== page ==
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New coalition anxious to reform courts, make aliyah tougher

The new Israeli government, currently under construction, looking to undo some long-standing laws and repeal recent ones

Religious Zionist party head Bezalel Smotrich speaks at the Knesset during memorial ceremony marking 27 years since the assassination of former Israeli Prime Minister Yitzhak Rabin, Nov. 6, 2022. (Photo: Noam Revkin Fenton/Flash90)

Immigrating to Israel could become harder – even for Jews – and certain legal charges decriminalized when Israel’s expected new coalition is sworn in to the 25th Knesset.

These are some of the reforms proposed by the incoming coalition that could upend the religious and legal systems in Israel.

As Israel’s president consults this week with all elected parties, those who will likely join the coalition are presenting their own demands to incoming Prime Minister Benjamin Netanyahu including a “restart” for the legal system and tougher immigration laws – even for Jews.

These issues are part of the bargaining that is going on behind the scenes as Netanyahu cobbles together the coalition.

Some of these changes underscore a religious divide in the country between secular and many Orthodox Israelis and the powerful right-wing bloc comprised of a national-religious party and ultra-Orthodox Jews.

Here are some of the actions parliamentarians in the majority bloc are expected to take in the coming weeks:

  1. Pass massive legal reform including overriding Supreme Court rulings; abolishing “fraud and breach of trust” from the criminal code retroactively – charges faced by none other than Netanyahu who is currently on trial; and granting immunity to a sitting prime minister from prosecution;

  2. Toughen the Law of Return and cancel the “grandfather clause” which allows the grandchild of a Jew to immigrate to Israel.

  3. Reverse legislation that challenged the ultra-Orthodox monopoly on religious and military matters including requiring Haredi Jews to serve in the army.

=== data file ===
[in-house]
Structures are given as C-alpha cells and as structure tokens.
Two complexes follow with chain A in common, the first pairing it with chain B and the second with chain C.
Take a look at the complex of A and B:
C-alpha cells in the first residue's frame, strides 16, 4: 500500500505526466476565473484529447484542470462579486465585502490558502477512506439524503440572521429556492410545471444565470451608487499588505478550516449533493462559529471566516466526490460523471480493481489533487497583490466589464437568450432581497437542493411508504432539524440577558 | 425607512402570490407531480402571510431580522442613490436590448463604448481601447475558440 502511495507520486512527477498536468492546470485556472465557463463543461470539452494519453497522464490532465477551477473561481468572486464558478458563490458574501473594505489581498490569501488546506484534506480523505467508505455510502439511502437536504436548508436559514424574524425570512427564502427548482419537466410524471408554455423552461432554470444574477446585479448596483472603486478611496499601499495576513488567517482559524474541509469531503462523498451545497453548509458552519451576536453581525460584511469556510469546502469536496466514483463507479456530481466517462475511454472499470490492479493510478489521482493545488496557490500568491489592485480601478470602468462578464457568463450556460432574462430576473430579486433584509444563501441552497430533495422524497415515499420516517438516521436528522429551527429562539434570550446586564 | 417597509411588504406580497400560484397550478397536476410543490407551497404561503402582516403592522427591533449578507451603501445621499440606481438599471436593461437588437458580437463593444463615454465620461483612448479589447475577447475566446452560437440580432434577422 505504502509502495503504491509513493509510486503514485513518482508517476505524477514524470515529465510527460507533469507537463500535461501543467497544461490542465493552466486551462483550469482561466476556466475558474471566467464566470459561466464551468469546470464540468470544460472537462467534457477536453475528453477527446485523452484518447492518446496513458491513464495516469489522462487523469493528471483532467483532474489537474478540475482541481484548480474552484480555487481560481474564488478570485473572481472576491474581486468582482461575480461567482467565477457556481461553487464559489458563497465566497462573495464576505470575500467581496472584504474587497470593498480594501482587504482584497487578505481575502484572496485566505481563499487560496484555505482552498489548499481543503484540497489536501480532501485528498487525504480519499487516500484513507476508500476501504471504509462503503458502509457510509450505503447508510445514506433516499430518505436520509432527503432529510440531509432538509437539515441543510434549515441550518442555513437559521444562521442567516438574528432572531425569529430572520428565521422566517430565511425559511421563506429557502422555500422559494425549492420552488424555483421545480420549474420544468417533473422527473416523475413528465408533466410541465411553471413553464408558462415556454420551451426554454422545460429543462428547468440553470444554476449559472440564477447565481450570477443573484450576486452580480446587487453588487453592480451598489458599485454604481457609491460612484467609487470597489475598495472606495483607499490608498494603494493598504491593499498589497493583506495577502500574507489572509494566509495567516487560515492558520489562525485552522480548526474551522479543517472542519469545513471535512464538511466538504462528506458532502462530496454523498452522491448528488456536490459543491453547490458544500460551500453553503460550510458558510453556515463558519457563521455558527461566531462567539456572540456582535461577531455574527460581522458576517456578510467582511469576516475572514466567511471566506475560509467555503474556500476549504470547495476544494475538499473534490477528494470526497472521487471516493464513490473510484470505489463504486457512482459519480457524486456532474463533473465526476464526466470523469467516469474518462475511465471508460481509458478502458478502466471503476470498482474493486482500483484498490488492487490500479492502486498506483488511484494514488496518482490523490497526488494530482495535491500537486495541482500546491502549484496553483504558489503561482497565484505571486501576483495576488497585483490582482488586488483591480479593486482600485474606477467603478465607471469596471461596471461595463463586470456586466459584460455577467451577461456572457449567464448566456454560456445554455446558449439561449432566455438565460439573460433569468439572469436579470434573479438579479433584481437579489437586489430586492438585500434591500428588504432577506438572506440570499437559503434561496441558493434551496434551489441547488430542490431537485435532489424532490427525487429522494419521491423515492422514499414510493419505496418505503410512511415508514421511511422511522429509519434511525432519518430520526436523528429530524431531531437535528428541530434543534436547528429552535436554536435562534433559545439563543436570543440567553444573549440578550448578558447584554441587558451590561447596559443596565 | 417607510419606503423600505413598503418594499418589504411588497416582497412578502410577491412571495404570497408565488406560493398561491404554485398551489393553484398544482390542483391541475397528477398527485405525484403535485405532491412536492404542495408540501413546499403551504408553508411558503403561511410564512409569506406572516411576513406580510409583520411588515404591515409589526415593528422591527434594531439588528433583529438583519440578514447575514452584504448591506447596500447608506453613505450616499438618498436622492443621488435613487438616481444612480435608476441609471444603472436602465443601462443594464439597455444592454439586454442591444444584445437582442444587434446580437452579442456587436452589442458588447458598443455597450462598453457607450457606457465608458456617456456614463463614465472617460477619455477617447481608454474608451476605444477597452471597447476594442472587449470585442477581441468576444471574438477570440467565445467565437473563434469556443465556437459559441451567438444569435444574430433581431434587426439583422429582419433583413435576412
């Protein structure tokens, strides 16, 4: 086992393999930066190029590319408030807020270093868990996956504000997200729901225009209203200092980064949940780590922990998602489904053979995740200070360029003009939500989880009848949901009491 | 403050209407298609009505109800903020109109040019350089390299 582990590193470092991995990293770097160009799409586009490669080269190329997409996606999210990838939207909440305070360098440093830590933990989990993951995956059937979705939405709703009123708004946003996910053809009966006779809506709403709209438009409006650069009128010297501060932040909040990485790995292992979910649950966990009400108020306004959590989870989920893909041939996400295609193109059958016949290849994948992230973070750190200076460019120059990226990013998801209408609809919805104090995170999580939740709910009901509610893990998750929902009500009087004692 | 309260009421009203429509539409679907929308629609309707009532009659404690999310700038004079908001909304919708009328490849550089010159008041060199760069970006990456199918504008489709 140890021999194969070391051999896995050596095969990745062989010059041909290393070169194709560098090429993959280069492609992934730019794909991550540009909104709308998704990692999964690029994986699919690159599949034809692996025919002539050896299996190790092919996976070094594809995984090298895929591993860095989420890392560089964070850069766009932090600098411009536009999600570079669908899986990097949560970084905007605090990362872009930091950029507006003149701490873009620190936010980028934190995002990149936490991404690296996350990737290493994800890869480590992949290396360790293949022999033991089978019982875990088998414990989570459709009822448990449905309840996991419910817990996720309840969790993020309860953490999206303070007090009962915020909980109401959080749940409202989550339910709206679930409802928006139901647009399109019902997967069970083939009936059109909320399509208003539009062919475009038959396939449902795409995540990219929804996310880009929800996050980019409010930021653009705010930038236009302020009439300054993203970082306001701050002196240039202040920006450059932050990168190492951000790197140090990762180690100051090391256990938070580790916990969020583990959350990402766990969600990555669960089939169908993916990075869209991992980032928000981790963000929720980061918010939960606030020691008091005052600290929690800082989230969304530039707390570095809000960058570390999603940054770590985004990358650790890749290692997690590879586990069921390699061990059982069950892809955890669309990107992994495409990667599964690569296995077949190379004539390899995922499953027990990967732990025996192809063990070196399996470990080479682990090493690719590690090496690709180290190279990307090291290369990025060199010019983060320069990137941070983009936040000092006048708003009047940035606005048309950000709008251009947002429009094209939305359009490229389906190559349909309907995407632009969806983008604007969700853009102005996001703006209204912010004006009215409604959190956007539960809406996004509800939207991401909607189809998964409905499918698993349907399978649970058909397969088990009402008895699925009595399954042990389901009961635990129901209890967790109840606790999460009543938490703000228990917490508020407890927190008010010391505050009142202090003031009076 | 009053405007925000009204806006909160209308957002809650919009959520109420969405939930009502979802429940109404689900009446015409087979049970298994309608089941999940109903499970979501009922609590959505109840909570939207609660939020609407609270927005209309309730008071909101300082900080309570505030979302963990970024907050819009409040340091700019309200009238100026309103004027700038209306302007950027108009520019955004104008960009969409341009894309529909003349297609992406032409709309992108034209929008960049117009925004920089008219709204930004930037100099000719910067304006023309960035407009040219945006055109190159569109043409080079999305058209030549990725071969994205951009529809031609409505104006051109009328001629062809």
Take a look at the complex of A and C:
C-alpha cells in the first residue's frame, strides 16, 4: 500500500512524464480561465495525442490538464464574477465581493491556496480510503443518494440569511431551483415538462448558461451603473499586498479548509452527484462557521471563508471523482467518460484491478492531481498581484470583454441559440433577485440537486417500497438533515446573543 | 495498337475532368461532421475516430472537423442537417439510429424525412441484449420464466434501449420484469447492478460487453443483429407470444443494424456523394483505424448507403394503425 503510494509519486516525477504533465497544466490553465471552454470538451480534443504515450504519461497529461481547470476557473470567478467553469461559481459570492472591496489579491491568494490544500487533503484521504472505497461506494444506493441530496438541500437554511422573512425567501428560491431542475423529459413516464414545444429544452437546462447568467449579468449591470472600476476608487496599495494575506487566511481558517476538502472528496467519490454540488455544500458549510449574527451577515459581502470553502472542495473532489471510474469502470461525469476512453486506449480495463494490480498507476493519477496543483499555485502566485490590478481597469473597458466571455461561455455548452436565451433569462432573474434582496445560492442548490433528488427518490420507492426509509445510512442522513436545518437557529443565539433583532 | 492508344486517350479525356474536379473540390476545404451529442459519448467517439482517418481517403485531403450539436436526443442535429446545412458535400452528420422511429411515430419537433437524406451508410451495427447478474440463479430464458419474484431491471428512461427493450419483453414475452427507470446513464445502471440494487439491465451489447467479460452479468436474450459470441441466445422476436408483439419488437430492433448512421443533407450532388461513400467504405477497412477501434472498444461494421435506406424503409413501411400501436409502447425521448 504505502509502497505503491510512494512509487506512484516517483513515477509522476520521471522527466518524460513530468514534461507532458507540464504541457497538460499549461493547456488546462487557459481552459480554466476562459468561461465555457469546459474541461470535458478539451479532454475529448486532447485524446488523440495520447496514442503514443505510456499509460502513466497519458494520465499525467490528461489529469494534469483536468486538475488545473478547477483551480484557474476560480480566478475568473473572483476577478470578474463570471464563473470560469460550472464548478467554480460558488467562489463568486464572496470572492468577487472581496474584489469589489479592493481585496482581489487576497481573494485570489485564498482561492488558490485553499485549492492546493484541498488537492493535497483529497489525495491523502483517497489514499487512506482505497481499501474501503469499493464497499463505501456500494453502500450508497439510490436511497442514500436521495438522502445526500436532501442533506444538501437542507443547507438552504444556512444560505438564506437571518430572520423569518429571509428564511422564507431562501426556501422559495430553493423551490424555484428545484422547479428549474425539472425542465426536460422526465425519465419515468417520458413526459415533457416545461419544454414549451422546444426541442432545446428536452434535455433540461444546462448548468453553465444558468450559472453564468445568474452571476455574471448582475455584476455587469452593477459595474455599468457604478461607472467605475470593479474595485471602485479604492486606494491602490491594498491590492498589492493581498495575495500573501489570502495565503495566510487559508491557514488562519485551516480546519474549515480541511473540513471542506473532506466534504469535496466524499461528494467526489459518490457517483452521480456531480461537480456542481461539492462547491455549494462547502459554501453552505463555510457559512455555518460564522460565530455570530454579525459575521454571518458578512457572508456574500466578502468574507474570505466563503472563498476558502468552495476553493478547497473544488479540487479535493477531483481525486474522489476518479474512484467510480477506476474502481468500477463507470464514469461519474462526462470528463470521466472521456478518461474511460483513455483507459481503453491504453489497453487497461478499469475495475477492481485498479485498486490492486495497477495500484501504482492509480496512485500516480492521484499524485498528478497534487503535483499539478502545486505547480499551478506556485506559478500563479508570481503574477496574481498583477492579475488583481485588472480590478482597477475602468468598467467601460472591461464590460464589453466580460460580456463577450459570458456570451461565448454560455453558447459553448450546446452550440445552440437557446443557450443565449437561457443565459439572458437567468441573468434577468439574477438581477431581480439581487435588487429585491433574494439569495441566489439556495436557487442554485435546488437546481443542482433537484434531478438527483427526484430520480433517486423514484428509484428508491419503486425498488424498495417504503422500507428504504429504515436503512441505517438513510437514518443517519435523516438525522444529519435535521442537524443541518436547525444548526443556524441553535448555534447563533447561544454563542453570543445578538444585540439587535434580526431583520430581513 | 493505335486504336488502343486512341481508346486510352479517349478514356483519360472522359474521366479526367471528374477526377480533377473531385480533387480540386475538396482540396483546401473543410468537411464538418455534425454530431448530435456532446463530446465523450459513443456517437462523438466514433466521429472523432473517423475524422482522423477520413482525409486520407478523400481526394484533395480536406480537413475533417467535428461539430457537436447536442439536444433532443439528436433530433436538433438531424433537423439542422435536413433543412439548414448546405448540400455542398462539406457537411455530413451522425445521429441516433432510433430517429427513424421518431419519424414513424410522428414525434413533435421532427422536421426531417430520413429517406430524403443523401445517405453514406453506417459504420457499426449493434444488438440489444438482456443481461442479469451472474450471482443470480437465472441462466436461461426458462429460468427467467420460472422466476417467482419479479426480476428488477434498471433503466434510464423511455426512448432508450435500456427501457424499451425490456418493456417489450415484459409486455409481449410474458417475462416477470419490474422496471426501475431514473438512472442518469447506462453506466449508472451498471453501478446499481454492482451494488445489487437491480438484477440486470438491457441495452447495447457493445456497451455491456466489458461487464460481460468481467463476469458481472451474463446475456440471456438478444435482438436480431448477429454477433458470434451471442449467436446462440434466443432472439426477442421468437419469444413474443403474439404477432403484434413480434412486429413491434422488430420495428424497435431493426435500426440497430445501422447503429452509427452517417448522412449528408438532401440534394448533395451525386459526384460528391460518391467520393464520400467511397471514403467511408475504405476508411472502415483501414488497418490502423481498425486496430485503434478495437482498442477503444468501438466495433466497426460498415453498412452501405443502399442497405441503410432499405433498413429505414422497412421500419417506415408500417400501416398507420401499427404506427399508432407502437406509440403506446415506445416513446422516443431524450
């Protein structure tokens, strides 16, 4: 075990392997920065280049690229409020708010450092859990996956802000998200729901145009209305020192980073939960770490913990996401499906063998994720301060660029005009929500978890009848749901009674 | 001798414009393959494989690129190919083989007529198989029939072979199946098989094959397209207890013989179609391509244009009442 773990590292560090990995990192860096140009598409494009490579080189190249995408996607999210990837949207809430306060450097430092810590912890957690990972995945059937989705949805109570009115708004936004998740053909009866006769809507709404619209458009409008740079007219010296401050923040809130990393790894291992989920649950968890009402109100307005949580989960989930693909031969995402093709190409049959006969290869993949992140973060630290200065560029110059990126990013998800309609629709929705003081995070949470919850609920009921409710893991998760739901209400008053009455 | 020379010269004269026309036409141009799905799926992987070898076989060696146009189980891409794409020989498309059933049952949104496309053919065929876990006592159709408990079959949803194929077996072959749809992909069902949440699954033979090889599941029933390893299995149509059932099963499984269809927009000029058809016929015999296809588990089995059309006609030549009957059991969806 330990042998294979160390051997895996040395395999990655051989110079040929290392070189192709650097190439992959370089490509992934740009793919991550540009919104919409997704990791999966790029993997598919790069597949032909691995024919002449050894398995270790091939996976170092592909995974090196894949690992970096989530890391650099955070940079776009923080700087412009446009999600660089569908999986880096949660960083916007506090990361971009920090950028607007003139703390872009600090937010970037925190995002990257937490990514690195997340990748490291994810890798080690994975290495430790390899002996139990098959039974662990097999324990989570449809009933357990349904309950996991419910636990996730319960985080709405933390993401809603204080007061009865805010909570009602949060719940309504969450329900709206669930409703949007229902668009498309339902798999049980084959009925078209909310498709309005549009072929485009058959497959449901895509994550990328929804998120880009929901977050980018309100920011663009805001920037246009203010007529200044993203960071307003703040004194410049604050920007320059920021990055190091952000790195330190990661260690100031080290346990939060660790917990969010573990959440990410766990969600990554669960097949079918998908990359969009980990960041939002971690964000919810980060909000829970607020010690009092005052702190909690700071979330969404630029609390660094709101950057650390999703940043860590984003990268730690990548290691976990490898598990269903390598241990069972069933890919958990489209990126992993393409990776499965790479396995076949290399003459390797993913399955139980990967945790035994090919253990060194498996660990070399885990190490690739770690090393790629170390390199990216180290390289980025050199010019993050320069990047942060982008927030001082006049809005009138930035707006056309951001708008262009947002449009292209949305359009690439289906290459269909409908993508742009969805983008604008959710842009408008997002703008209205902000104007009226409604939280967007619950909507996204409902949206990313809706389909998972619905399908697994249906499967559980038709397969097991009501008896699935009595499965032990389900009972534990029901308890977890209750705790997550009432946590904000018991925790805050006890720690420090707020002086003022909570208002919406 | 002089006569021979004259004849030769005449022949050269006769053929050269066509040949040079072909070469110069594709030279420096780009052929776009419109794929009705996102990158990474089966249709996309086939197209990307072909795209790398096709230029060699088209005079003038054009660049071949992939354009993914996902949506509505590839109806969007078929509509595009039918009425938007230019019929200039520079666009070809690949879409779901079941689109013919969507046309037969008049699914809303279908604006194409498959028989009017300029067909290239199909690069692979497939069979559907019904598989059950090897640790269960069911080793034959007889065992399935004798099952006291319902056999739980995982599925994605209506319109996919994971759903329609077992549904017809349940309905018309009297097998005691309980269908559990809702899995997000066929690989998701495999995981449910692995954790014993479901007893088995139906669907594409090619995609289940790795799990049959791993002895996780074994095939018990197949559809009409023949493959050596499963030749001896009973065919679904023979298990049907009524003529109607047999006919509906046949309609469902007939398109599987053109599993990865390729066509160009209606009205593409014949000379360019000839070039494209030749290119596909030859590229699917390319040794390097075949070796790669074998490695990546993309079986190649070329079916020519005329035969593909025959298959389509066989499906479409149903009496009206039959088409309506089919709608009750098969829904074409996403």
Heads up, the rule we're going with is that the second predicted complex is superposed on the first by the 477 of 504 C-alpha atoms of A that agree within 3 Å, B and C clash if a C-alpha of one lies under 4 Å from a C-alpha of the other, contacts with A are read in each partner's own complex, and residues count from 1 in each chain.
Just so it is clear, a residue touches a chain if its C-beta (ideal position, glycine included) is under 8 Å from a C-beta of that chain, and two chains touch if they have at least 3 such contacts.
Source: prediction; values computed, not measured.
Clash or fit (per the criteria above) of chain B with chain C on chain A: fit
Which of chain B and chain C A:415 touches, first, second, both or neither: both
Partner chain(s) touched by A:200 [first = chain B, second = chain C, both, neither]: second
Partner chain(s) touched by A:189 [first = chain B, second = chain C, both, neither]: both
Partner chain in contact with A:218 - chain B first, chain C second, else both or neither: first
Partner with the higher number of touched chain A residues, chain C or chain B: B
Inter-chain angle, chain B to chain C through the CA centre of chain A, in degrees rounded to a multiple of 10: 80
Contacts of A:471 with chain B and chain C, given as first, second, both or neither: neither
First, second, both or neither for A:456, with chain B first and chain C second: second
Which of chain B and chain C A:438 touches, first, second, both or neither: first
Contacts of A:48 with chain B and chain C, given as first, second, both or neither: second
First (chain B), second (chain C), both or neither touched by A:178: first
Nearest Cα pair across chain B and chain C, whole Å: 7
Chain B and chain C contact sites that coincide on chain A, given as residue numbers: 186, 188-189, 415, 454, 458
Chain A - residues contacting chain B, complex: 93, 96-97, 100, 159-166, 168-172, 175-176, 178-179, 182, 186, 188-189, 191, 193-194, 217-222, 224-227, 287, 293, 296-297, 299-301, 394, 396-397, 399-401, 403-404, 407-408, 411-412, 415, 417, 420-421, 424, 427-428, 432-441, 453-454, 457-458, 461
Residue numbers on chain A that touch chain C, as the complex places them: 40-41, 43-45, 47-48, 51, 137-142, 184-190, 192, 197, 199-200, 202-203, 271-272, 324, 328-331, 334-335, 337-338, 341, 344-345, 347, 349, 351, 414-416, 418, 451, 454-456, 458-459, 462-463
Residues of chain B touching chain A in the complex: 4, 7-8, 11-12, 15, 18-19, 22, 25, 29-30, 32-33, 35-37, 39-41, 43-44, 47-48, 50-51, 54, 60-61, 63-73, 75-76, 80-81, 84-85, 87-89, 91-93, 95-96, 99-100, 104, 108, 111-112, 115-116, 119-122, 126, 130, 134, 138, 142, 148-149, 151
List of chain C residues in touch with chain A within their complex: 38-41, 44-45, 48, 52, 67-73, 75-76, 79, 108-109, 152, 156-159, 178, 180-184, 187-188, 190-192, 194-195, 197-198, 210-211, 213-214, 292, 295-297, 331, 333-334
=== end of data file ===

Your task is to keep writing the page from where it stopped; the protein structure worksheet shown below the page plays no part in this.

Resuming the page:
Here is a cursory glance at some of these issues:


The right wing has long criticized the Supreme Court as a leftward leaning activist bench. This expected coalition is in a position to change that. In fact, one party – United Torah Judaism – is refusing to join a coalition without a commitment to collectively pass such legislation, Hebrew media reported.

This is also a top priority for the far-right Religious Zionism party which made massive overhaul to the legal system a tenet of its party platform and holds a hefty 14-seat bloc in the anticipated coalition.

The override law would allow the Knesset to rewrite legislation that the High Court struck down. Bezalel Smotrich – head of the Religious Zionism party – said that putting the power in the hands of the court “is undemocratic and illegal.”

Critics, however, say such a law would neuter the high court, eliminate balance of power and potentially undermine the rights of minorities.

Gayil Talshir, a political analyst, said that Netanyahu has a personal interest in this since he is on trial, but that the character of a democratic Israel is also at stake.

“His partners – and this is the crucial thing to understand – the ultra-Orthodox, the Religious Zionist, the settlers, the nationalist, the fundamentalist religious people have a long standing position against the Supreme Court, against the critical mediating bodies of Israeli democracy because of the relation first to the occupied territories and second to the relations between religion and state in Israel,” she said.

A few weeks before the election, Smotrich also proposed abolishing the offense of “fraud and breach of trust,” a charge faced by Netanyahu in his trial.


The Orthodox and Haredi parties want to toughen Israel’s Law of Return which allows for Jews in the diaspora to immigrate to Israel. One target is the “grandfather clause” which enables the grandchild of a Jew to make aliyah.

“We think that taking a family that lives as a distinctly Christian for two generations and saying that [they are Jewish] because they had a Jewish grandfather three generations back is something that needs to be corrected,” Knesset Member Uri Maklev told radio 103FM.

But blasting the idea was Finance Minister Avigdor Liberman who said Israeli soldiers that immigrated based on the grandfather clause were “far more Jewish” than the ultra-Orthodox who refuse to serve in the army.

In addition, Smotrich will seek to prevent non-Jewish spouses of Jews from receiving citizenship.


Under the previous government run by Naftali Bennett and Yair Lapid, a deal was negotiated to allow non-Orthodox Jewish denominations to pray at a separate plaza at the Western Wall and introduced competition to the Chief Rabbinate’s monopoly on conversions and kashrut.

These changes are expected to be walked back, along with a recent tax addition on the purchase of disposal goods, such as plastic plates, that was part of an effort to deal with environmental issues. The ultra-Orthodox community consumes these products at a much higher rate than the rest of the country.

The coalition will also be eager to grant ultra-Orthodox yeshiva students exemptions from military service.

Nicole Jansezian is the news editor for both ALL ISRAEL NEWS and ALL ARAB NEWS and senior correspondent for ALL ISRAEL NEWS

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